Cash Transfers, Young Women’s Economic Well-Being, and HIV Risk: Evidence from HPTN 068
Despite the large interest in economic interventions to reduce HIV risk, little research has been done to show whether there are economic gains of these interventions for younger women and what intermediary role economic resources play in changing participants’ sexual behavior. This paper contributes to this gap by examining the impacts of a conditional cash transfer (CCT) for young women in South Africa on young women’s economic resources and the extent to which they play a role in young women’s health and behavior. We used data from HIV Prevention Trials Network 068 study, which provided transfers to young women (in addition to their parents) conditional on the young woman attending at least 80% of school days in the previous month. We found that the CCT increased young women’s economic wellbeing in terms of having savings, spending money, being unindebted, and food secure. We also investigated heterogeneous effects of the program by household economic status at baseline because the program was not specifically poverty targeted and found that the results were driven by young women from the poorest families. From these results, we examined heterogeneity by baseline poverty for other outcomes related to HIV risk including sexual behavior and psychosocial well-being. We found psychosocial well-being benefits in young women from the poorest families and that economic wellbeing gains explained much these impacts.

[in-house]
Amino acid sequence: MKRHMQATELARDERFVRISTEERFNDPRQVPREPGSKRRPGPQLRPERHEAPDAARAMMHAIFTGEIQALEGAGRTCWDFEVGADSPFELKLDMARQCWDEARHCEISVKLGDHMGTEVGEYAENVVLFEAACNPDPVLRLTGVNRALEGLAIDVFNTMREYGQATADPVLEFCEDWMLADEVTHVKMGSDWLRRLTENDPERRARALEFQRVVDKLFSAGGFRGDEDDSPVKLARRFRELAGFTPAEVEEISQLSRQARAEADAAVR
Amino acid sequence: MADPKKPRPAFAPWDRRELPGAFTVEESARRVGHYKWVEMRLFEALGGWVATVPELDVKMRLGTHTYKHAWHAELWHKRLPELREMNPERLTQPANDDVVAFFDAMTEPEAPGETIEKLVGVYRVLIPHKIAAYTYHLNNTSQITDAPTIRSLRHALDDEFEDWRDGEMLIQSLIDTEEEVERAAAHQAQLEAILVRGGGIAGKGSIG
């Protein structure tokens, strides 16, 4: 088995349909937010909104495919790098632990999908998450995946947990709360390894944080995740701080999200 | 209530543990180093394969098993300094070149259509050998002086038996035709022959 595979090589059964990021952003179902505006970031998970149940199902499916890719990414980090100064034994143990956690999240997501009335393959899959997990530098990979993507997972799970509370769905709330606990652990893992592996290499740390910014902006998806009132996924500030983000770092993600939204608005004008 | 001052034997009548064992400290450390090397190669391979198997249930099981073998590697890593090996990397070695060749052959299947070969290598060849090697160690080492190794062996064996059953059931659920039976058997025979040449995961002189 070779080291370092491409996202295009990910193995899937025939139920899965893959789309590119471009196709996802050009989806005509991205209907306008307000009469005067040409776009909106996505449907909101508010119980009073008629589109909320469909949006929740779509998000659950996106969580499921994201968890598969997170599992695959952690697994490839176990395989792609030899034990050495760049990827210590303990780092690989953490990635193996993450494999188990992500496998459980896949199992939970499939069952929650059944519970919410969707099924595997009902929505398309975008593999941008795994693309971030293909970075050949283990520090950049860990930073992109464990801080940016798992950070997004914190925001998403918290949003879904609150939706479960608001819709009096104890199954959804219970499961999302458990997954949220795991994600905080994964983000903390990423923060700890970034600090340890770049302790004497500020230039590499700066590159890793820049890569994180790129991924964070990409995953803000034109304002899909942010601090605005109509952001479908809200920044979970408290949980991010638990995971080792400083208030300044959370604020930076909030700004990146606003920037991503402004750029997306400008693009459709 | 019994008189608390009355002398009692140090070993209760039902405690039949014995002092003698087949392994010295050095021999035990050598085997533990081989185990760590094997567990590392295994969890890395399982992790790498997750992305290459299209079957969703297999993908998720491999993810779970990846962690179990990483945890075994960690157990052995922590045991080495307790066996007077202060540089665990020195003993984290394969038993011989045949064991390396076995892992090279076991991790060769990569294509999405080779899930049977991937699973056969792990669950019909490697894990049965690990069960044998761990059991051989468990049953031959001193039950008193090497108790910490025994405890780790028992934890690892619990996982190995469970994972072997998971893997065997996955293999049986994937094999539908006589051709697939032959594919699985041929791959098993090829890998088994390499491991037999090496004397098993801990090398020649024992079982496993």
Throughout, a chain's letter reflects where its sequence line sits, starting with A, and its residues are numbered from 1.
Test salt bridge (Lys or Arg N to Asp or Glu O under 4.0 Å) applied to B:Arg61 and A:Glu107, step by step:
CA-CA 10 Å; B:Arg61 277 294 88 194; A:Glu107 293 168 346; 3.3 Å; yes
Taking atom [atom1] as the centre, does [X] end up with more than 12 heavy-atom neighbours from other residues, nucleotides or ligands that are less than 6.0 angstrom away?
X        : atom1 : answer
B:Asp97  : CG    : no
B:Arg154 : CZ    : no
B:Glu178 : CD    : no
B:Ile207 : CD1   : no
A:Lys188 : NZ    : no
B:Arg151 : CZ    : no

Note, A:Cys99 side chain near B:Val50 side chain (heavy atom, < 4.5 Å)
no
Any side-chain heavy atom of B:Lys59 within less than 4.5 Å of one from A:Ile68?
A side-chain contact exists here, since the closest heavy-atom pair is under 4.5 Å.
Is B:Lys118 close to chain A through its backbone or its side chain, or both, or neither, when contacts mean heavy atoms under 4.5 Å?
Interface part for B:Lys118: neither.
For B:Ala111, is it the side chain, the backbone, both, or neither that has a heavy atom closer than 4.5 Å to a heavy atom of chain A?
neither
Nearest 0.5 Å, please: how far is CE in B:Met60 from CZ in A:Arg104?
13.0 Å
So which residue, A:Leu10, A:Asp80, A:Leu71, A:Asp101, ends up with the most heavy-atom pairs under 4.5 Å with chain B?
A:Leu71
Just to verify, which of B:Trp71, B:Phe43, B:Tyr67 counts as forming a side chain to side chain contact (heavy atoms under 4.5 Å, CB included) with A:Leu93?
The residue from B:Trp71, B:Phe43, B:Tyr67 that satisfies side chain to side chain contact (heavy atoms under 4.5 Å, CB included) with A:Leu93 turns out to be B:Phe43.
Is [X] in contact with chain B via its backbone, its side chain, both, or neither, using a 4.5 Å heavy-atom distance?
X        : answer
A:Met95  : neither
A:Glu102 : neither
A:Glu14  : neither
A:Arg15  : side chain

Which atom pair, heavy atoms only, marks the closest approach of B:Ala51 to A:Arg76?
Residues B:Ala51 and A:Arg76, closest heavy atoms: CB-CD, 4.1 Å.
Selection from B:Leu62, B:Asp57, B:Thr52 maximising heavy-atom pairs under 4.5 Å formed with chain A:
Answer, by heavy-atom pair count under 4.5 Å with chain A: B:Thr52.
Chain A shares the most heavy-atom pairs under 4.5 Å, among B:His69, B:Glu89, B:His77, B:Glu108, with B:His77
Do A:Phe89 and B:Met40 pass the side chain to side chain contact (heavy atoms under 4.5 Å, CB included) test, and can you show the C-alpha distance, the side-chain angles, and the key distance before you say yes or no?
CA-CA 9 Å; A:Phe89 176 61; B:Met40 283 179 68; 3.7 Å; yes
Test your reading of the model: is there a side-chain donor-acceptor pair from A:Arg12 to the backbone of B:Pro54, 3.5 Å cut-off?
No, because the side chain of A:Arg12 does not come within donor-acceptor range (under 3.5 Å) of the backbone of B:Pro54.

KeywordsAdolescent girls and young women South Africa Economic empowerment Cash transfers Psychosocial well-being
Funding support for the HPTN was provided by the National Institute of Allergy and Infectious Diseases (NIAID), the National Institute of Mental Health (NIMH), and the National Institute on Drug Abuse (NIDA) of the National Institutes of Health (NIH; Award Numbers UM1AI068619 [HPTN Leadership and Operations Center], UM1AI068617 [HPTN Statistical and Data Management Center], and UM1AI068613 [HPTN Laboratory Center]. The study was also funded under R01MH110186, R01MH087118, and R24 HD050924 to the Carolina Population Center. Research reported in this publication was also supported by the NIAID of the NIH [Award Number T32AI007001]. Additional funding was provided by the Division of Intramural Research, NIAID, and NIH. The Agincourt Health and Socio-Demographic Surveillance System is supported by the University of the Witwatersrand, the Medical Research Council, South Africa and the Wellcome Trust, UK (Grants 058893/Z/99/A; 069683/Z/02/Z; 085477/Z/08/Z; and 085477/B/08/Z).
Compliance with Ethical Standards
Conflict of interest
The authors declare that they have no conflict of interest.
All procedures performed in studies involving human participants were in accordance with the ethical standards of the institutional and/or national research committee and with the 1964 Helsinki declaration and its later amendments or comparable ethical standards.
Informed consent was obtained from all individual participants included in the study.
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